Even google can now execute queries like this: 

music -video (singer OR songwriter) 

Depending on the end-user, the query language can either be very simple (just a string of tokens, perhaps with double-quoted phrases) or quite complex (full boolean syntax with nested expressions, proximity operators, and term weighting). Or it can be a frustratingly inconsistent hybrid – like Lucene. 

3. Provide Access to Search Engine Features 

Some query languages are never intended to be used by end-users. Oracle Text and FAST FQL fall into this category. Instead, these languages are intended to be used by other programmers for accessing all features provided by the search engine. 

Ideally, all search features which can be processed by the engine are available somehow, but this is often not the case without customization. For example, there are many (many!) more search features available in the Lucene query engine than can be expressed by the standard Lucene query syntax. If you want to take advantage of these additional features, you are must create your own query parser. 

4. Search for Other Things 

When you search for "chair" do you also want to find "chairs"? How about when you search for "mouse", should you also find "mice"? 

This can get quite complex. For one customer, when you search for "underground mining", you also get "room and pillar mining". Similarly, a search for "blackjack" gives "sphalerite" and "mock lead" (and vice-versa). Such queries are often useful to help naïve end-users search over vertical domains with which they may be unfamiliar. 

And don't forget fuzzy searching. If your data is especially dirty, this can be critical. We found 14 variations of the word "Kawasaki" for a customer last week, including things like "akawasaki", "kawasawki", and "hawasaki".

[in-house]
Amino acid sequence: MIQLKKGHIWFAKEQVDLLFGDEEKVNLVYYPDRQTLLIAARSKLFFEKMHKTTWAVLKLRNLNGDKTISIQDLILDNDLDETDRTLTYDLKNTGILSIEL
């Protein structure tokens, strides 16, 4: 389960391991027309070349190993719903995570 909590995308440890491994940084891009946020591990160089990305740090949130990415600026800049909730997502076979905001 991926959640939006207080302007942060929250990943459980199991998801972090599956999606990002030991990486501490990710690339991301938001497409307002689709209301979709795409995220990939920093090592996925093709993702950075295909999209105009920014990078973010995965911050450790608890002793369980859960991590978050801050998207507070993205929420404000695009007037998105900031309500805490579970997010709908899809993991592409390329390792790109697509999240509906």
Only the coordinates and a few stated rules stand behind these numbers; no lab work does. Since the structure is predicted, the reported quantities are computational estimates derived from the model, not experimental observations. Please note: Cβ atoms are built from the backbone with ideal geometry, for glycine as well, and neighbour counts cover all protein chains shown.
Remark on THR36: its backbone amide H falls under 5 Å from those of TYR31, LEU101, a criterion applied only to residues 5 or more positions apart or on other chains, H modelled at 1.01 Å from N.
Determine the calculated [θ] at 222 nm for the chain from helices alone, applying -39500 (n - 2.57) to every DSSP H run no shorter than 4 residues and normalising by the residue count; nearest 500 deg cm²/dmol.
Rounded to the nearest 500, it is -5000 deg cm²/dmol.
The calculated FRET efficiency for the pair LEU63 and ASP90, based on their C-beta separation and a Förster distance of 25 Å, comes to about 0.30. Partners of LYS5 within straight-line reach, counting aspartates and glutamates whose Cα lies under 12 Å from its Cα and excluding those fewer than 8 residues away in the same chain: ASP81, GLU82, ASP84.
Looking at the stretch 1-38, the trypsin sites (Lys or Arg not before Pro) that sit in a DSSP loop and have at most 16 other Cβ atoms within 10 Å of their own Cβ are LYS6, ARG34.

5. Aid in Relevancy Ranking 

In the role of translator, query parsers will often make adjustments to the query entered by the user to help retrieve documents better. For example, documents which contain search terms in the title or abstract may be considered to be more relevant. 

There are many kinds of relevancy ranking tricks and techniques that a query parser can employ as long as the underlying engine is powerful enough. For example, query parsers can boost documents which contain all of the terms close together (proximity weighting) or boost documents from friendly web sites while reducing documents from un-friendly sites. 

If you also have control over how the documents are indexed, then the sky is the limit. You can do sophisticated things such as boosting home pages, boosting documents recently published, boosting documents which contain key domain-specific terminology, or performing fine-grain control over what types of queries are strong hits for each individual document. 

For example, on GPO FDsys, we made certain that document citations are the strongest type of search. If you happen to know the number for the health care bill, you can enter the query: "h.r. 3962, 111th congress", and you'll find it right away. 


I hope you've enjoyed this little tour of query parsers and what they can do. Personally, I think they're fascinating – like bottled black magic. Creating your own query parser is not for the feint of heart, but if you can do it, you can make your queries dance.

-- Paul